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ACMD Seminar: QA vs. QAO vs. QAOA: Optimizing Analog Quantum Algorithms

Lucas Brady
Applied and Computational Mathematics Division, ITL, NIST

April 29, 2020, 3:00–4:00 EDT

A video of this talk is available to NIST staff in the Math channel on NISTube, which is accessible from the NIST internal home page.

Abstract: Analog quantum algorithms are being implemented on current devices and show some of the most promise for near-term applications of quantum computing.  Quantum Annealing (QA), Quantum Adiabatic Optimization (QAO), and the Quantum Approximate Optimization Algorithm (QAOA) all form a class of analog quantum algorithms where the system is switched between two configurations or Hamiltonians in order to steer the state of the system into a desired target.  Which algorithm is more effective has remained unclear.  We apply the framework of optimal control theory to show that generically, given a fixed amount of time, the optimal procedure has the pulsed (or "bang-bang") structure of QAOA at the beginning and end but can have a smooth annealing structure in between.  Through simulations of various transverse field Ising models, we demonstrate that bang-anneal-bang protocols are more common for that problem of experimental and theoretical interest.  The general features identified here provide guideposts for the experimental implementations of quantum optimization algorithms on current and near-term device.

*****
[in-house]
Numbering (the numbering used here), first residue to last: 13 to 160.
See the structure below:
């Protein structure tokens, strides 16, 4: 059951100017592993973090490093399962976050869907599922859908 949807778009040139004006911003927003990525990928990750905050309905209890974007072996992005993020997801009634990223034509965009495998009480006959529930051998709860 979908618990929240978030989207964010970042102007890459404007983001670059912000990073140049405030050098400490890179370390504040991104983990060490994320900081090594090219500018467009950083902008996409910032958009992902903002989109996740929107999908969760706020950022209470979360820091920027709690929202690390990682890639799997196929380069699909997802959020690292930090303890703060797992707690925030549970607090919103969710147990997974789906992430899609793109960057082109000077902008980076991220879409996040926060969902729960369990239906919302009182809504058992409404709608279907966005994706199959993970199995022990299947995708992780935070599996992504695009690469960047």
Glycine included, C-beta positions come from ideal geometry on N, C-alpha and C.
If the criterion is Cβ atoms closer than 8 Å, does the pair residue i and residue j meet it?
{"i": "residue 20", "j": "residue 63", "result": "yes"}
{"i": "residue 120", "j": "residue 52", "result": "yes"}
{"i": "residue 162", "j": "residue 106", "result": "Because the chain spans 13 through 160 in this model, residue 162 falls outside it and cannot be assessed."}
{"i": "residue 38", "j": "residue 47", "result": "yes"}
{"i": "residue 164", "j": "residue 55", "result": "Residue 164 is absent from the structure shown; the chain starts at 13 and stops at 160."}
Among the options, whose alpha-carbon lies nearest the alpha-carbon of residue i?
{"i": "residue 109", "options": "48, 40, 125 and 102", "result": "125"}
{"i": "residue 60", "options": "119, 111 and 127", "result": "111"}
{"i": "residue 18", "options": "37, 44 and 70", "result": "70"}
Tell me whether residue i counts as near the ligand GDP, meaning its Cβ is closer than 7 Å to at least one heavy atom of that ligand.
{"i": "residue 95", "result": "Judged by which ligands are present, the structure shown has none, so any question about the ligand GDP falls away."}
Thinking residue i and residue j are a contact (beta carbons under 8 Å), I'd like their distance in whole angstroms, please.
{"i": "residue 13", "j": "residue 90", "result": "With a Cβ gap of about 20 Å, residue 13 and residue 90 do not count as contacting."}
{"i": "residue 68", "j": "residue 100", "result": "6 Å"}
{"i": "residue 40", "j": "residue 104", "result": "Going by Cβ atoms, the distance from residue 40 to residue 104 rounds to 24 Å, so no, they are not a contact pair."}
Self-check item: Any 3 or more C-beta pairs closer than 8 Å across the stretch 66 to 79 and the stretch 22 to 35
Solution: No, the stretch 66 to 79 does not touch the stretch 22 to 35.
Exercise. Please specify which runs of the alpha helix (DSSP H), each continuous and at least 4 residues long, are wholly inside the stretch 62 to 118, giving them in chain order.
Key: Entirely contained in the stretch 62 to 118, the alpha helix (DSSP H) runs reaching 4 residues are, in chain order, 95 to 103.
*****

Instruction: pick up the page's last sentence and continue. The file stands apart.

Bio: Lucas Brady earned a B.S. in Physics from Harvey Mudd College in 2013.  Under the advising of Dr. Wim van Dam, he received a Ph.D in Physics from the University of California, Santa Barbara in May of 2018.  He joined the ACMD at NIST as an NRC Postdoc in September of 2018 and has been working at the Joint Center for Quantum Information and Computer Science (QuICS) at the University of Maryland.  His research has focused on various aspects of analog quantum algorithms, such as the importance of quantum tunneling to adiabatic computation, the classical simulation of such algorithms, and their underlying physics framework.



Created April 16, 2020, Updated May 5, 2020